This Costa Rican-born classic ballroom dancer grew up to be a classy beauty of New York and New Jersey nightlife. Now after years in the biz, she is finally about to bring her fierce looks and moves to her very first weekly show. Viva Adriana Le Glam!
Thotyssey: Adriana, hello! It’s another hot-ass day, how are you holding up?
Adriana Le Glam: I’m doing great right now! I just left my daytime job–what really pays the bills, lol–and now I’m doing some sunbathing at the Hoboken Pier!
Sounds heavenly! Are you a Hoboken native?
No, I’m actually originally from Costa Rica. My parents brought me here very young, but I now live in what people are calling WEHO, aka West Hoboken.
Have you always been a performer of some kind, even before drag?
Yes, I was a professional balllroom dancer. My parents were national champions, so they literally put me to WERK the moment I started walking!
That’s so posh! Did you do major competitions?
I did in Costa Rica. But once I moved here, because of the language barrier back then, I sorta stopped dancing. I did become a cheerleader in high school, and continued dancing on the side for fun.
When did you start drag?
I discovered drag thanks to the transgender community, who paved the way for us. As a little 14 year-old, I would go into the AOL chatrooms and read about this magical place called the Village. So I saved up the money my parents would give me for lunch, and one day took the train to Christopher Street all the way from NJ, almost two hours away.
There I found my tribe my people: trans drag queens, and in general the ballroom scene. I first started walking balls, and slowly got into discovering performance drag. Then finally at 18 I debuted at the famous Escuelita, and it was a dream come true because many divas like Carmen Carrera and Jiggly Caliente started there. Carmen was a huge influence on my life in drag. I would attend pageants with her, and she showed me another side to drag: how feminine it could be, and how much hard work it takes.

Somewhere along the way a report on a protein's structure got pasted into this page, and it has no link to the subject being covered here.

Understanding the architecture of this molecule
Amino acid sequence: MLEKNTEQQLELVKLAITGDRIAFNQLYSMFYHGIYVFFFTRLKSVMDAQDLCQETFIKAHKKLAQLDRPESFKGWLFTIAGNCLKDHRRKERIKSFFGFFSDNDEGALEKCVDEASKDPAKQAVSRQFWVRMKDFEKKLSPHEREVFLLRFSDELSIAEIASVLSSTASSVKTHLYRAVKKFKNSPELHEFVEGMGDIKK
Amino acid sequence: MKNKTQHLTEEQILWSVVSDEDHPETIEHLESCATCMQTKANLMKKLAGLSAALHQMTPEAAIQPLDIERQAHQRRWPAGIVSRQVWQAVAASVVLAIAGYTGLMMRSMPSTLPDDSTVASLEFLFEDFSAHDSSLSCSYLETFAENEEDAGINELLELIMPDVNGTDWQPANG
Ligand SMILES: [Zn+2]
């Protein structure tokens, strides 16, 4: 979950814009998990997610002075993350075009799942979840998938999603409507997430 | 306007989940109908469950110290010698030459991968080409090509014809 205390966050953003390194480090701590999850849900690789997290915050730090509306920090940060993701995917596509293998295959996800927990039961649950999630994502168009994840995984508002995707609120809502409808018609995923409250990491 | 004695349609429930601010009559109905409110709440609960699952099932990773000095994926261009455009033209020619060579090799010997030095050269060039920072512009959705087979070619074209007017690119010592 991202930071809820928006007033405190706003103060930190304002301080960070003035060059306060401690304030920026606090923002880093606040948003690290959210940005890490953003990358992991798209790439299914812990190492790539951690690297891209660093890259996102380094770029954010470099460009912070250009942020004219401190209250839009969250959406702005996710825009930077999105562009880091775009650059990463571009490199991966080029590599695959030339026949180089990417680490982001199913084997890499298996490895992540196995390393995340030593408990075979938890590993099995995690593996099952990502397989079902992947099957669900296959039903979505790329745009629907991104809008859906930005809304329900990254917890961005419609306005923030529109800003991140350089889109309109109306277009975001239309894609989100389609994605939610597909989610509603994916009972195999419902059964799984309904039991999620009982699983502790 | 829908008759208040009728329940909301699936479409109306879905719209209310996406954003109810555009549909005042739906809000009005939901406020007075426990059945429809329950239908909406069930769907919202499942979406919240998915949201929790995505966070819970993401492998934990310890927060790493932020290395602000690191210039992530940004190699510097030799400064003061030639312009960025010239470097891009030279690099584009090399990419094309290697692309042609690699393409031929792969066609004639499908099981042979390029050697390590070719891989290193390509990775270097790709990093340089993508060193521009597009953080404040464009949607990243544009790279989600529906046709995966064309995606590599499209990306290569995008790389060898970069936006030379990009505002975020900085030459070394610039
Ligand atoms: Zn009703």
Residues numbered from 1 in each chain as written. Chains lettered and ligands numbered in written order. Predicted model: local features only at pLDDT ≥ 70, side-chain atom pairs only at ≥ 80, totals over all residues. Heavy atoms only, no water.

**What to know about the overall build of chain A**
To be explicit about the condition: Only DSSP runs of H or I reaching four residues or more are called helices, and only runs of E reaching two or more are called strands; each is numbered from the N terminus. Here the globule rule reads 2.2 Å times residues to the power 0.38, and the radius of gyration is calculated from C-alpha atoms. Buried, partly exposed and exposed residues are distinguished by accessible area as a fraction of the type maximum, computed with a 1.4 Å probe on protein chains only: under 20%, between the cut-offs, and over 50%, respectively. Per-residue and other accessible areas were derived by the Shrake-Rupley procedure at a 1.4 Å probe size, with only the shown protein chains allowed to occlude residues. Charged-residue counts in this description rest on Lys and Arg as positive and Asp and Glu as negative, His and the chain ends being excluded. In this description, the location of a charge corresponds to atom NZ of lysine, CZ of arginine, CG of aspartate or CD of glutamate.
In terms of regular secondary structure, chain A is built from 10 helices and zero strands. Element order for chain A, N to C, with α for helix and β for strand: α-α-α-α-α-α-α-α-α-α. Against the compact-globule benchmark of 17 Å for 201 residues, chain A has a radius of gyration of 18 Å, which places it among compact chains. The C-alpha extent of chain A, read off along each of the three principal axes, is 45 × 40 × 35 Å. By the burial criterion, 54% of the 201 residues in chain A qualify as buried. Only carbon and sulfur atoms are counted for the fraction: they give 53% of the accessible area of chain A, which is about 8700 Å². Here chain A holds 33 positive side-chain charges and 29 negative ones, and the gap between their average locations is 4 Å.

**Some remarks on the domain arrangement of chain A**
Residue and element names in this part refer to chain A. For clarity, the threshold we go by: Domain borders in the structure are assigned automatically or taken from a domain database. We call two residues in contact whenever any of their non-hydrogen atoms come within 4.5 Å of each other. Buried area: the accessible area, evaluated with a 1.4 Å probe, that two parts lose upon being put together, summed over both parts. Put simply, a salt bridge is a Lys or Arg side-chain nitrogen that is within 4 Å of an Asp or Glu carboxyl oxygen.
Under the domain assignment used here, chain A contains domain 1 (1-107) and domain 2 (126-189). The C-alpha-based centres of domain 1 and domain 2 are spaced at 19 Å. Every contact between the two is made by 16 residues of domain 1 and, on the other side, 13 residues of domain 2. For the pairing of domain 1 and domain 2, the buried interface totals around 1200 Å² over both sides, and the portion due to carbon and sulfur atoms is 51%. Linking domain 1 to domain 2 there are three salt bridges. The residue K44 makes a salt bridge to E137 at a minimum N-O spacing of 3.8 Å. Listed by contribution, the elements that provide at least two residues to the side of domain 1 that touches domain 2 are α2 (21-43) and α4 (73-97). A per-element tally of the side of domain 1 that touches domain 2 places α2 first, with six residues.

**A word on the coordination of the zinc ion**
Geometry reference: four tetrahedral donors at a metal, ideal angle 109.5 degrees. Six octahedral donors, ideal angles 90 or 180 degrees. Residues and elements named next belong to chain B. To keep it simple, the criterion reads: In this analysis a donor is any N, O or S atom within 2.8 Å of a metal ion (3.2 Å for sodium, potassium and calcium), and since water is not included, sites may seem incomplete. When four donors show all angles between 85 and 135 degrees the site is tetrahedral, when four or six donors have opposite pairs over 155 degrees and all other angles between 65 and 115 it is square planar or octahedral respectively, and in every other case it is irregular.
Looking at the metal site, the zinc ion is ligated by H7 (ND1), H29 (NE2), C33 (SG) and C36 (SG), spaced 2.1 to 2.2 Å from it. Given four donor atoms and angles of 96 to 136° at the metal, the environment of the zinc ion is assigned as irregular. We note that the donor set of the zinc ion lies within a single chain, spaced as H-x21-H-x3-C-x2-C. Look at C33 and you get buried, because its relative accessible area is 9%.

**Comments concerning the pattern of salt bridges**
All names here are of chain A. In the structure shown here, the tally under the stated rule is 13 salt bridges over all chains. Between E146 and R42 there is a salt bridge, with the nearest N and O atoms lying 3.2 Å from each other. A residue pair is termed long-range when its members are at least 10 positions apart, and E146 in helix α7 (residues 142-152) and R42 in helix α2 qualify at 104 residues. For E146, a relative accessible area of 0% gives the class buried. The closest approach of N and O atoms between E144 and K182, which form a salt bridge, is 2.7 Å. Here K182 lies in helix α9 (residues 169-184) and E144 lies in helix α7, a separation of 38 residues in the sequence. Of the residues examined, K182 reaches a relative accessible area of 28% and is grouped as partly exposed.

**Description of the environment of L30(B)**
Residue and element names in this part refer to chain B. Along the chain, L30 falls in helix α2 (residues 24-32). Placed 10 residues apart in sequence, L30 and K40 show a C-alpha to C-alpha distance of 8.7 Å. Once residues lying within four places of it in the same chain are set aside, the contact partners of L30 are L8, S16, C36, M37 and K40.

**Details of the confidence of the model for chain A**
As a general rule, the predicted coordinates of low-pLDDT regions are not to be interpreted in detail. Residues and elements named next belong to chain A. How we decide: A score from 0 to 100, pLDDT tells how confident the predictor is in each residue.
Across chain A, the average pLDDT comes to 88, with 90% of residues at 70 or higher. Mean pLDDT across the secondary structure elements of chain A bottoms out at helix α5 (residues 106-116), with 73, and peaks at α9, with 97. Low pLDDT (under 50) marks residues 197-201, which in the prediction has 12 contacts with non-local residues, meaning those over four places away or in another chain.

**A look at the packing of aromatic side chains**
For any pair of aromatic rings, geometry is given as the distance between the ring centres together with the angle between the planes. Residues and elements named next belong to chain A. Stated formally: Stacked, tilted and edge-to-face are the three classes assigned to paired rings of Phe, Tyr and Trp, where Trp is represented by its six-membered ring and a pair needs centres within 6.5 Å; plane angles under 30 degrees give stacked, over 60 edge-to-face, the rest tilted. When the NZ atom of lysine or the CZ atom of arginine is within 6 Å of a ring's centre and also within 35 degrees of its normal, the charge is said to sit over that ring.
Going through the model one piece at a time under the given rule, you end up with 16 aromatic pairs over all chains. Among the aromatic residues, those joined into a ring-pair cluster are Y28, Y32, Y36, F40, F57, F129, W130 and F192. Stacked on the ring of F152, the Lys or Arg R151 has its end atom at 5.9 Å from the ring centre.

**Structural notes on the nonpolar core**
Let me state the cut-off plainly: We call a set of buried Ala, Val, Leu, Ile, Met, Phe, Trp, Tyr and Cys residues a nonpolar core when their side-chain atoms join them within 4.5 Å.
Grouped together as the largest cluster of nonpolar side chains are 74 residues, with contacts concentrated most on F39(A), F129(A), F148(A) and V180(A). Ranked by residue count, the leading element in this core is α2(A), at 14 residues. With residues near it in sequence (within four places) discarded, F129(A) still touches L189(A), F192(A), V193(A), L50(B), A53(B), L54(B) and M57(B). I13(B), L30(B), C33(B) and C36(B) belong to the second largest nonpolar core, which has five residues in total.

If you don’t mind me asking, how do you gender identify?
I am not trans, but I do advocate for my trans brothers and sisters. I went through a time in my life where I didn’t identify as either boy or girl. I was okay with wearing both male and female clothing. I am just a human who doesn’t care to identify as either, and I’m happily married to my husband for a year now.
Labels never worked for me simply because they put you in a box, and that’s something I’ve been fighting against in the drag community for a long time. I’ve been boxed in as a look queen or dance queen… but when some people see my other acts, things change.
How would you then describe your performing style on stage, when you have time to show a variety of things?
This one is tricky. I describe myself as high energy, committed, witty, and completely unexpected.
Escualita’s closing was such a huge loss for nightlife culture and history, especially for young queer kids of color. Do you think it’s time to recreate an environment like that for today’s scene?
I think our young queer kids are very lucky to have shows like Pose and social media, because they can identify with some of the things they see. I definitely do think the Pier is still a home for a lot of young homeless youth, and that’s where I wanna come in and volunteer to help some of these kids.
I also think that with the exposure of the ballroom scene, some of these legends and people who are successful should hold open functions–free open functions–for people of all ages to attend. This way, we can bring them in and let them have fun, but also take it as an opportunity to teach them about PrEP / HIV and STDs.